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California Finally Seems Ready to Reign in Eminent Domain Abuse

Samuel Staley
April 23, 2011, 2:55pm

The California courts seem to be stepping up to the plate to provide property rights protections to homeowners and business owners threatened by eminent domain abuse. On April 21, 2011, a California Superior Court judge ruled against National City, California is its efforts to seize a successful youth center serving underprivileged kids under the state's so-called urban blight provisions. The City wanted to give the property to a private developer so he could build luxury condos. According to the Institute for Justice, the nonprofit public interest law firm defending the youth center,

"The Court struck down National City’s entire 692-property eminent domain zone in the first decision to apply the legal reforms that California enacted to counter the disastrous U.S. Supreme Court Kelo decision in 2005.  This ruling, which found that National City lacked a legal basis for its blight declaration, reinforces vital protections for property owners across the state, and underscores why redevelopment agencies should be abolished.

"The Court also ruled that National City violated the Due Process clause of the U.S. Constitution in failing to provide the CYAC with statutorily required information prior to an important public hearing.

"Finally, in a holding with implications well beyond redevelopment law, the Court also held that when the government retains a private consultant to perform government functions—in this case, documenting the existence of alleged “blight” in National City—documents that the private consultant produces are public records subject to disclosure under the California Public Records Act.  The Court also set a clear standard for what government agencies have to do in searching the records of their private consultants in response to a Public Records Act request."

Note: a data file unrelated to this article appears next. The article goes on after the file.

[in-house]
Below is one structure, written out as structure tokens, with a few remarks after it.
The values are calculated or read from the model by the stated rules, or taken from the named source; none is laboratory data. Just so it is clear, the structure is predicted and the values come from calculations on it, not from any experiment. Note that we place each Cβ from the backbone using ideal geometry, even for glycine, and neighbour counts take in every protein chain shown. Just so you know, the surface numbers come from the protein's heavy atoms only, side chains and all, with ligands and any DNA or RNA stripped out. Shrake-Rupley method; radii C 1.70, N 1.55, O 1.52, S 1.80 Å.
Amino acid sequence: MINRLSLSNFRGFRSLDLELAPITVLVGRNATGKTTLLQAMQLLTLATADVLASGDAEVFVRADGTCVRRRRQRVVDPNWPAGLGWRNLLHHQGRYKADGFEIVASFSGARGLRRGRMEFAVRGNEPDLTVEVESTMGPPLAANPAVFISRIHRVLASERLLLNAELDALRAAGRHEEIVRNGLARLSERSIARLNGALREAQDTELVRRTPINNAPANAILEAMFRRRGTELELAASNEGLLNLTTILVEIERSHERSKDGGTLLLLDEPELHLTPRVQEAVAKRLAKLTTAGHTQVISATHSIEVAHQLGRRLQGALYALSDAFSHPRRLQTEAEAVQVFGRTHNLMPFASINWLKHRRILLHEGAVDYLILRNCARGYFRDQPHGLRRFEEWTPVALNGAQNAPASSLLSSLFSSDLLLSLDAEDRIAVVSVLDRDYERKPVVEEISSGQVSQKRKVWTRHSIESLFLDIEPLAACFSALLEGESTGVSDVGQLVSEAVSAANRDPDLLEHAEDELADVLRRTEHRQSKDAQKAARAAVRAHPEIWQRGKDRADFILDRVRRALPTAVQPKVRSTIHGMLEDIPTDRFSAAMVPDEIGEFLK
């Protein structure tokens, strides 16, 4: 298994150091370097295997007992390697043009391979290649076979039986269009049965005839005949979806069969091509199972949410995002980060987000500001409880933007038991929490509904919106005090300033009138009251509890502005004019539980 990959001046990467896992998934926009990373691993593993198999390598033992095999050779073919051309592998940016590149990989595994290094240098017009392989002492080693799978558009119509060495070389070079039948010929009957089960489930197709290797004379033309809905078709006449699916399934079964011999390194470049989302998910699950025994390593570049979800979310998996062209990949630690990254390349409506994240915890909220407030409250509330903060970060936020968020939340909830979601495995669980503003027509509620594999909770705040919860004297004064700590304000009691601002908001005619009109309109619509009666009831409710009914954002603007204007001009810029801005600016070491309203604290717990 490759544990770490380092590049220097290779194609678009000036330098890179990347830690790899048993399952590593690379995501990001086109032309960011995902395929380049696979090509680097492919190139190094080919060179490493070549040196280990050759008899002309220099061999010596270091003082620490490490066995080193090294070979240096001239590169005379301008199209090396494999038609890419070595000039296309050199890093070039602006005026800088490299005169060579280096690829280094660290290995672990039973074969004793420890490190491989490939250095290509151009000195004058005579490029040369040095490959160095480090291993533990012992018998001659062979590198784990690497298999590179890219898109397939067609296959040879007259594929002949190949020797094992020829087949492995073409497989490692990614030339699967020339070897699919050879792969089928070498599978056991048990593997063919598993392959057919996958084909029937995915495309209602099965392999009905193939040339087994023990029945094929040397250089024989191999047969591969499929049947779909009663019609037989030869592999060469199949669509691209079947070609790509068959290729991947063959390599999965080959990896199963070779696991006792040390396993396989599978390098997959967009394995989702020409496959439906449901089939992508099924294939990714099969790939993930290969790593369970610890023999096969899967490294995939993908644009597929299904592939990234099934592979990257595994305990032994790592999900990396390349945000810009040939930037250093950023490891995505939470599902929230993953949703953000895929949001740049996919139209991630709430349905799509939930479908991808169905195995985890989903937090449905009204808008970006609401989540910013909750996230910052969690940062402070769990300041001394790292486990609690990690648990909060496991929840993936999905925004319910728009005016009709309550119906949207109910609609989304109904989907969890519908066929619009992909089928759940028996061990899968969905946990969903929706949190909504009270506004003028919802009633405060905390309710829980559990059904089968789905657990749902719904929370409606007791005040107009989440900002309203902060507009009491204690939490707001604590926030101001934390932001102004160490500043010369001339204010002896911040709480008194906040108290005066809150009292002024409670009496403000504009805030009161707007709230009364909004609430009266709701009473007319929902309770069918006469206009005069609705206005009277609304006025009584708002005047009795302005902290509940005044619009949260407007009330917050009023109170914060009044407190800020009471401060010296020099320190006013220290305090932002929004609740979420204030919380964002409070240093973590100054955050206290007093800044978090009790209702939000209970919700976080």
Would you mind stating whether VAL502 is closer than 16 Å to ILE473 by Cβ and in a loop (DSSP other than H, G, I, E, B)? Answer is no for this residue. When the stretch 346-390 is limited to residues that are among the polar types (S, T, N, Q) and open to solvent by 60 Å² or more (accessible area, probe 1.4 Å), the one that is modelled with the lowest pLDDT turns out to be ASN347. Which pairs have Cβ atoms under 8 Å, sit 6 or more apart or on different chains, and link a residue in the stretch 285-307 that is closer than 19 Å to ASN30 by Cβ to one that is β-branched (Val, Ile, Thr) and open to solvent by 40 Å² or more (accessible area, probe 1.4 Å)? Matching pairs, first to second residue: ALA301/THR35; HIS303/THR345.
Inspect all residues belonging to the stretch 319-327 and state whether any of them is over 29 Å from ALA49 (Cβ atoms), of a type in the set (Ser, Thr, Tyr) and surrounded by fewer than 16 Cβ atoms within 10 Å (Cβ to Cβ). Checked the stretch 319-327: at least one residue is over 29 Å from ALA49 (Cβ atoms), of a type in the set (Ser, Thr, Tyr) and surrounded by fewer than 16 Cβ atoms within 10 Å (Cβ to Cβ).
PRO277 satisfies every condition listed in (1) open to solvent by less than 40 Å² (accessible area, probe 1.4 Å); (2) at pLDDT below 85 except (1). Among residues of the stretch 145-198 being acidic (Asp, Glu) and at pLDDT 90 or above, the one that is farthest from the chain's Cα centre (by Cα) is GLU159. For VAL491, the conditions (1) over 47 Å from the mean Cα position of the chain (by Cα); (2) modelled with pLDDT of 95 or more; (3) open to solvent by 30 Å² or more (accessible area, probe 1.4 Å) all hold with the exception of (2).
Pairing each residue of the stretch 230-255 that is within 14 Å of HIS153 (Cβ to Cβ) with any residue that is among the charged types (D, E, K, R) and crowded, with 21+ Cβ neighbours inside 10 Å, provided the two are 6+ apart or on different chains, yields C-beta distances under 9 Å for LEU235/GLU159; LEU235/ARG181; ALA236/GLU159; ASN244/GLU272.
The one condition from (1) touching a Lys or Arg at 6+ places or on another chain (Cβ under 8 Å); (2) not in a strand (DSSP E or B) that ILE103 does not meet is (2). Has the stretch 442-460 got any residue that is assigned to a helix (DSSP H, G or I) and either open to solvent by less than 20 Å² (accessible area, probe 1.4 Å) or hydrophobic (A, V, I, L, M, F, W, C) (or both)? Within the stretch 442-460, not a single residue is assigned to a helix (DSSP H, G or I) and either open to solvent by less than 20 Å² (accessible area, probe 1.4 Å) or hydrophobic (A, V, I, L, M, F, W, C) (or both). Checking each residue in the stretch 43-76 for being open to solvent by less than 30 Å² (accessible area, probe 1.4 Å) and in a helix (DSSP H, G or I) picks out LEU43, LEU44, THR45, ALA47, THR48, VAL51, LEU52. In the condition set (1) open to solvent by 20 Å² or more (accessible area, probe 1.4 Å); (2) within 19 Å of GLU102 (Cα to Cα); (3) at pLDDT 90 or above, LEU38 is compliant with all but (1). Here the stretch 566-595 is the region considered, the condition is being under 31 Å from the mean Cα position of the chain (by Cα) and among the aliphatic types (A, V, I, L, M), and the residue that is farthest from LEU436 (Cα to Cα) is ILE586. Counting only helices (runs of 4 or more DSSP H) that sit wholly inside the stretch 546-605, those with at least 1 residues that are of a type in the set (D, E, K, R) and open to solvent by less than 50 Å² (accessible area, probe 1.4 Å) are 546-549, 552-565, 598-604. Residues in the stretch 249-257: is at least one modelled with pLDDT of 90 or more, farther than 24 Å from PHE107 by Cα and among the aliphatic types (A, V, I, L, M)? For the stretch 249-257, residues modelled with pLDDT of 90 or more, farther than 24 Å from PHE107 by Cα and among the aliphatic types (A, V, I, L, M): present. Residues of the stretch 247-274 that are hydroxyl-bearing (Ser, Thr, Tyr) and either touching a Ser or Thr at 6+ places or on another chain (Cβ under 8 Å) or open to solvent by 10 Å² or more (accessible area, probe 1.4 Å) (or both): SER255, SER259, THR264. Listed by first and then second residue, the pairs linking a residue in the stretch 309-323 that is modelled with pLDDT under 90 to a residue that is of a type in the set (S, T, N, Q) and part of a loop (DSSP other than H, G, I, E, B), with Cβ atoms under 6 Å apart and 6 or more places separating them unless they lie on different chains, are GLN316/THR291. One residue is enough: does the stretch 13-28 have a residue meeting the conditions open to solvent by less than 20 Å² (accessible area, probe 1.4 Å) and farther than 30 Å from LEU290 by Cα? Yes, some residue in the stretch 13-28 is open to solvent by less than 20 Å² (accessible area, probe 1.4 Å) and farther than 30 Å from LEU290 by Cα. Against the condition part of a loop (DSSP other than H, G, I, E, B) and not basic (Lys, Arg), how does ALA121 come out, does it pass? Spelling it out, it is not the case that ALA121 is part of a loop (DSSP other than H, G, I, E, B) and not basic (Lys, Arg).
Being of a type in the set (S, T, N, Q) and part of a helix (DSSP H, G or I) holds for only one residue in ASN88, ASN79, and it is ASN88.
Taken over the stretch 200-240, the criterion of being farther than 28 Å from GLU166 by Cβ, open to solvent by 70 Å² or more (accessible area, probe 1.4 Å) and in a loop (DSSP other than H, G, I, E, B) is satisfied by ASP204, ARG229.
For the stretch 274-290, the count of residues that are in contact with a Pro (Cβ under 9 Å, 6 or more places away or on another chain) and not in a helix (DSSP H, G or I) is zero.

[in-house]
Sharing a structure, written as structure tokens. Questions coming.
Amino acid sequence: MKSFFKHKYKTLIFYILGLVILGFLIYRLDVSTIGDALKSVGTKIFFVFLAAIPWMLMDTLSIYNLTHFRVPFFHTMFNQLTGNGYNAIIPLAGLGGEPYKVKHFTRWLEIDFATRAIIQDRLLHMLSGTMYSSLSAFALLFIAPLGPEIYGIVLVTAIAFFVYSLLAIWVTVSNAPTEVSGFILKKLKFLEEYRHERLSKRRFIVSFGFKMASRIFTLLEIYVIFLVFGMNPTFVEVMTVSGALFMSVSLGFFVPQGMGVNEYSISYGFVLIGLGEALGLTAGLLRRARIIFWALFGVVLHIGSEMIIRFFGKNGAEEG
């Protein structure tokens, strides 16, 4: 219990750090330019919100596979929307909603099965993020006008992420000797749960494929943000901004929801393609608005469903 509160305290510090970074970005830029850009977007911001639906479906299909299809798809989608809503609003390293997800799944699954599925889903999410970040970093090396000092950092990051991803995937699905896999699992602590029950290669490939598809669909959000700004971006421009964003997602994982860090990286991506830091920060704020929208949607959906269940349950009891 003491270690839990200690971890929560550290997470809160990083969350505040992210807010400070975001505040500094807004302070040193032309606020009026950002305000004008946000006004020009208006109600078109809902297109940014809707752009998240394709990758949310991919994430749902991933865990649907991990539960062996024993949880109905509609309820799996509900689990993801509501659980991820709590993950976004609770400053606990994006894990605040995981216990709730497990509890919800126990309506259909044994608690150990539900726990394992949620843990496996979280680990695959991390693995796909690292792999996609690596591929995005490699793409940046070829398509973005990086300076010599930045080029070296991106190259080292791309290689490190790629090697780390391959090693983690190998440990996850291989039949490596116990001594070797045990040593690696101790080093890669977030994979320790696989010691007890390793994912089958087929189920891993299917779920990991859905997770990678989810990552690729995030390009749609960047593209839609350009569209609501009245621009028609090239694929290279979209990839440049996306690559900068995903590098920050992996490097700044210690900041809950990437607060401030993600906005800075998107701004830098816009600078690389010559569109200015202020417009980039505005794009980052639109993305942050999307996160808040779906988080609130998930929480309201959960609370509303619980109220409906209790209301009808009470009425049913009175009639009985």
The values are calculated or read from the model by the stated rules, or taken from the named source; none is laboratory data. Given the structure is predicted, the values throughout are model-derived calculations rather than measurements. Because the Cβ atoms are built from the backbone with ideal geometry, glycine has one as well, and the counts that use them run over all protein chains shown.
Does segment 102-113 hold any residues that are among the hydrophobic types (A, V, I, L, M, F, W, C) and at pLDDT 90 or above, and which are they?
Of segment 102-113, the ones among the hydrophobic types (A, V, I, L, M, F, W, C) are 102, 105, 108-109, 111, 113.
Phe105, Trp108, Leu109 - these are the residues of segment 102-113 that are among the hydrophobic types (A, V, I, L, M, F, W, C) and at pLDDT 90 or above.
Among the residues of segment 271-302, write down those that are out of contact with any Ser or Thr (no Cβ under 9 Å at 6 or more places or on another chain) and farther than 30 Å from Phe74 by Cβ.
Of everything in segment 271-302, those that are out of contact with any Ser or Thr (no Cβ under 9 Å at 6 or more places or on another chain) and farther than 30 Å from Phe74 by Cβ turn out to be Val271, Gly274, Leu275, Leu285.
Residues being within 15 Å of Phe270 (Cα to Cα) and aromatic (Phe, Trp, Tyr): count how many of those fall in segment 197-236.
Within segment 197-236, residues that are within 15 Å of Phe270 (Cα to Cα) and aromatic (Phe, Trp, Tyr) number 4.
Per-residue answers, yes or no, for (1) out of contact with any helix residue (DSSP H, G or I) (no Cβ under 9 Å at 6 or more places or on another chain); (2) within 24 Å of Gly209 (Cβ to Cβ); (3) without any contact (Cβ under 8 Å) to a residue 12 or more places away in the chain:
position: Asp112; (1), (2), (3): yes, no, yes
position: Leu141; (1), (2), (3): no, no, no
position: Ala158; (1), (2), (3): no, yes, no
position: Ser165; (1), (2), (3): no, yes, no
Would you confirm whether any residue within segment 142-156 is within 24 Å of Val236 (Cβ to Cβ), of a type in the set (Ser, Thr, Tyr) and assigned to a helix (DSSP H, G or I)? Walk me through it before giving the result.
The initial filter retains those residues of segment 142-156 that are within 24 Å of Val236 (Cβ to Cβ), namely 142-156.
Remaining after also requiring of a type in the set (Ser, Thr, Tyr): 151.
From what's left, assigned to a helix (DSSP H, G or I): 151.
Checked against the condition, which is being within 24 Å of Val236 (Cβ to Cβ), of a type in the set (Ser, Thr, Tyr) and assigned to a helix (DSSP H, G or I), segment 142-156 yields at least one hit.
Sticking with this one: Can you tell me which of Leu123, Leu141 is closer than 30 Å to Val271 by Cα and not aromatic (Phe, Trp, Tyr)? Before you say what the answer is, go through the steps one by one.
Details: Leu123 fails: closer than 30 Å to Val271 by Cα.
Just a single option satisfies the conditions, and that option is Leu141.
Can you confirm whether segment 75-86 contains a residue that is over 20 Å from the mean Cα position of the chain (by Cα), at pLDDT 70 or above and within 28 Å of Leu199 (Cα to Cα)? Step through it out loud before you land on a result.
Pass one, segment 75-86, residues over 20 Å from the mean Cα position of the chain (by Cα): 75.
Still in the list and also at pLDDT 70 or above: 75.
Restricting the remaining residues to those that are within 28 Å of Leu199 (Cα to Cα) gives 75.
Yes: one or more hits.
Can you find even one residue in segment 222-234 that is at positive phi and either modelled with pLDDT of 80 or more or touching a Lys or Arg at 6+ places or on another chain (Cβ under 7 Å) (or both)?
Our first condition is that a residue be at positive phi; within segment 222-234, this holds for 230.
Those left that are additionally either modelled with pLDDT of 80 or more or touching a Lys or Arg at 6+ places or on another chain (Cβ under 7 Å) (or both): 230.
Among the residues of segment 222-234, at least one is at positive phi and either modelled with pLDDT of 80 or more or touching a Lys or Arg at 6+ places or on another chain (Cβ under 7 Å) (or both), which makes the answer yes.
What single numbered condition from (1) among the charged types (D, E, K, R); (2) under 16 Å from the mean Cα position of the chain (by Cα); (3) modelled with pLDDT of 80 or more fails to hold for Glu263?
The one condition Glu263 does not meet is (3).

This is a very important case because courts have traditionally given cities vast discretion and lattitude over designating properties blighted. Often, the process for determining blight is so vague that the procedures are little more than legal formalities used to justify seizing property for redevelopment. In the case of the Community Youth Athletic Center in National City, the property and business was thriving, but the city wanted to see luxury condos replace it (and other businesses).

Reason has been critical of blight designations to seize property via eminent domain and published one of the most extensive policy analyses to date on the subject. Our complete work on eminent domain can be found here.

Also, an excellent new book edited by economist Bruce L. Benson and published by the Independent Institute takes a hard, critical look at how eminent domain has been used and abused by governments along with recommendations for constraining its use and protecting property rights.


Samuel Staley is Research Fellow


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